Anyway, you've decided there are three basic types of spirals. There's the kind where as you spiral out, you keep the same distance, or you could start big and make it tighter as you go around, in which case the spiral ends. Or, you could start tight but make it bigger as you go out. The first kind is good if you really want to fill up a page with lines or if you want to draw curled up snakes. You can start with a wonky shape to spiral around but you've noticed that, as you spiral out, it gets rounder. Probably something to do with how the ratio between two different numbers approaches 1 as you repeatedly add the same number to both. But you can bring the wonk back by exaggerating the bumps and it gets all optical illusiony. Anyway, you're not sure what the second type of spiral's good for but it's a good way to draw snuggled up Slug Cats which are a species you've invented just to keep this spiral from feeling useless. This third spiral, however, is good for all sorts of things. You could draw a snail or a Nautilus shell, an elephant with a curled up trunk, the horns of a sheep, a fern frond, a cochlea in an inner ear diagram, an ear itself. Those other spirals can't help but be jealous of this clearly superior kind of spiral but I draw more Slug Cats.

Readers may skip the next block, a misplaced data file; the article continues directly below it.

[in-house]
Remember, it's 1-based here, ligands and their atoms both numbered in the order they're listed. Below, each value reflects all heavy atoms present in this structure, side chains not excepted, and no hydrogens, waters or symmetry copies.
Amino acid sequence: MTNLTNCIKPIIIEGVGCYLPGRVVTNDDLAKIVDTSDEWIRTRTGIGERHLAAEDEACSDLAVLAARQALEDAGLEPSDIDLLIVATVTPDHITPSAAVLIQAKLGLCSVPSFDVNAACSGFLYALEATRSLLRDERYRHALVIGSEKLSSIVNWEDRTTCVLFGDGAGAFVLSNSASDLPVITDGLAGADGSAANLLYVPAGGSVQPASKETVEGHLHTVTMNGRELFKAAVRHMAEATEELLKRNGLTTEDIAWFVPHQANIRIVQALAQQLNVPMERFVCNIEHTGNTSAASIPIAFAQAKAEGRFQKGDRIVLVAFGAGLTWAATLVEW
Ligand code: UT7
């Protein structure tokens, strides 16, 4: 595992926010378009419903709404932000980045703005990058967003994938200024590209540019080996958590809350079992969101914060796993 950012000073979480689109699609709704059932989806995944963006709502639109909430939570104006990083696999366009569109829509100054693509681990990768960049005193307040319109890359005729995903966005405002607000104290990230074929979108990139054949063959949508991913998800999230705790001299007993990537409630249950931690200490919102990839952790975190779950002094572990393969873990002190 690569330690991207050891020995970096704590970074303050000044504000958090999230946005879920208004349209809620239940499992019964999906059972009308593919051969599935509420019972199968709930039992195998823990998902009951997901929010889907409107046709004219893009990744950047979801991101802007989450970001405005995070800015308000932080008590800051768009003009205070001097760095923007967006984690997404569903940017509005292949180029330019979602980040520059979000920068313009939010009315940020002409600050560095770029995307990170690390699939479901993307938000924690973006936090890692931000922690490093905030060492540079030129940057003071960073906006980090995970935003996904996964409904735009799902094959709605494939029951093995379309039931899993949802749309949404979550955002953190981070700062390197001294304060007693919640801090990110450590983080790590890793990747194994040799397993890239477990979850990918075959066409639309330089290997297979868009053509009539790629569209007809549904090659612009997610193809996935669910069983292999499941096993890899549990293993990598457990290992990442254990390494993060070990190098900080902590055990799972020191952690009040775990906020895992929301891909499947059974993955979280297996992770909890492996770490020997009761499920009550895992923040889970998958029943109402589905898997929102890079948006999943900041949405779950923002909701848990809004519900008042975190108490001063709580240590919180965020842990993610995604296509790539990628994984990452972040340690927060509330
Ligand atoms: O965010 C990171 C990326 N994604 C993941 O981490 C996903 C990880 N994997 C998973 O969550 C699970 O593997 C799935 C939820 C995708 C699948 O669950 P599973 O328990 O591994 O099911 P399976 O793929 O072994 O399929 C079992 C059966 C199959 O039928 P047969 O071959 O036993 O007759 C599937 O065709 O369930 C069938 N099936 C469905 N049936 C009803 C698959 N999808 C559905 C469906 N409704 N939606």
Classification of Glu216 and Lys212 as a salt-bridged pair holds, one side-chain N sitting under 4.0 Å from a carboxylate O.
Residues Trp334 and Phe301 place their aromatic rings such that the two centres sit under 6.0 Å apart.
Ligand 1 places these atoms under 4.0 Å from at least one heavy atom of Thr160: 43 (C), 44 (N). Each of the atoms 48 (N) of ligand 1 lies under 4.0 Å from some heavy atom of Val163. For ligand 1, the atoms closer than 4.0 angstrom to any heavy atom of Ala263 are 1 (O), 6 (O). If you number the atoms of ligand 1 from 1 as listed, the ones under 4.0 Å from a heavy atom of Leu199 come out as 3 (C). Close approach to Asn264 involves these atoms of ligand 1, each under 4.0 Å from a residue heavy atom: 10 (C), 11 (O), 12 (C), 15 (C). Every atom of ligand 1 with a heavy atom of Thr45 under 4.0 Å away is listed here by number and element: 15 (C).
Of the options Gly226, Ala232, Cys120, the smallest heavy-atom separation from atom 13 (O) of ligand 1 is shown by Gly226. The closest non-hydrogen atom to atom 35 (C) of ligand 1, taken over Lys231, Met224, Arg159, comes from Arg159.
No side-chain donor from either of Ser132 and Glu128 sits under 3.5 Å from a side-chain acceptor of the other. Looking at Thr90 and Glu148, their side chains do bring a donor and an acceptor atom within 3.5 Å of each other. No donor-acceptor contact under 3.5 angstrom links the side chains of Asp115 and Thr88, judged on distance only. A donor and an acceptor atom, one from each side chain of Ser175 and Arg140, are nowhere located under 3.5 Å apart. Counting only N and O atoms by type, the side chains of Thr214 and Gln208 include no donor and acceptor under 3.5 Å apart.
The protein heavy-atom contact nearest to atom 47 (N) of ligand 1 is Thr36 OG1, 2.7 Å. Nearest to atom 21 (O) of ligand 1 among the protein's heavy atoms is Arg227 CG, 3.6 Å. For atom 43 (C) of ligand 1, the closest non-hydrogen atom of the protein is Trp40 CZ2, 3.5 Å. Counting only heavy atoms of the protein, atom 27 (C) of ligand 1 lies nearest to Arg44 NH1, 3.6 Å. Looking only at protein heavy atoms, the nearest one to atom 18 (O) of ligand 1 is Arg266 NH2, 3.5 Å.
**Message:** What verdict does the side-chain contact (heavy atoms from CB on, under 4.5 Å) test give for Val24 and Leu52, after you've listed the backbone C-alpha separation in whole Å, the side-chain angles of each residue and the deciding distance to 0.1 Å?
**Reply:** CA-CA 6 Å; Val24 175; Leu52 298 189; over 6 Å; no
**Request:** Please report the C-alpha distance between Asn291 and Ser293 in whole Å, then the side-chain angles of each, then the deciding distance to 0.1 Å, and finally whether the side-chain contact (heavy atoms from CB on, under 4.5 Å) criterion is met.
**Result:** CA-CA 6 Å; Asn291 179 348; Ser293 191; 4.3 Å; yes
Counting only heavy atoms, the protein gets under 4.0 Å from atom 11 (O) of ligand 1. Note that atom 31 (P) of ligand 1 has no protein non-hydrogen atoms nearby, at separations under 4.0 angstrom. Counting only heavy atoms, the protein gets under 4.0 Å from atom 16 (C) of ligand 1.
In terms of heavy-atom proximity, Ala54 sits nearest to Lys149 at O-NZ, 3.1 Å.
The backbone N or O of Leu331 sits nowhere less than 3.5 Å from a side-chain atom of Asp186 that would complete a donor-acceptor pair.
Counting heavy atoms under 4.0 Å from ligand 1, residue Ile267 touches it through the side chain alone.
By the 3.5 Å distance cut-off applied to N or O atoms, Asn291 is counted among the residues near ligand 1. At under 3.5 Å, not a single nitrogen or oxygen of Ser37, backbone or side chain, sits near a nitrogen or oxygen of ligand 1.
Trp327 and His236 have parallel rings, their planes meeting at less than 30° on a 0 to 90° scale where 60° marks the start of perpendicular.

Here's one way to draw a really perfect spiral: start with 1 square, and draw another next to it that is the same height. Make the next square fit next to both together, that is, each side is length 2; the next square has length 3. The entire outside shape will always be a rectangle. Keep spiralling around, adding bigger and bigger squares. This one has side length 13, and now 21. Once you do that, you can add a curve going through each square, arcing from one corner to the opposite corner. Resist the urge to zip quickly across the diagonal if you want a nice, smooth spiral.

Have you ever looked at the spirally pattern on a pinecone and thought "hey, sure are spirals on this pinecone"? I don't know why there're pinecones in your Greenhouse, maybe your Greenhouse is in a forest. Anyway, there're spirals, and there's not just one, there're 8 going this way, or you could look at the spirals going the other way, and there're 13. Look familiar? 8 and 13 are numbers in the Fibonacci Series. That's the one where you start by adding 1 and 1 to get 2 and 1 and 2 to get 3, 2 and 3 to get 5, 3 plus 5 is 8, 5 plus 8 is 13, and so on. Some people think that instead of starting with 1 plus 1 you should start with 0 and 1; 0 plus 1 is 1, 1 plus 1 is 2, 1 plus 2 is 3 and it continues on the same way as starting with 1 and 1. Or I guess you could start with 1 plus 0, and that would work too or go back one more to -1, and so on.

Anyway, if you're into the Fibonacci Series you probably have a bunch memorised, I mean you've got to know 1, 1, 2, 3, 5, finish off the single digits with 8 and oh, 13, how spooky! And once you're memorising double digits, you might at well know 21, 34, 55, 89, so that whenever someone turns a Fibonacci number, you can say "Happy Fibirthday!" And then, isn't it interesting that 144, 233, 377? But 610 breaks that pattern, so you'd better know that one too... And oh my goodness, 987 is a neat number!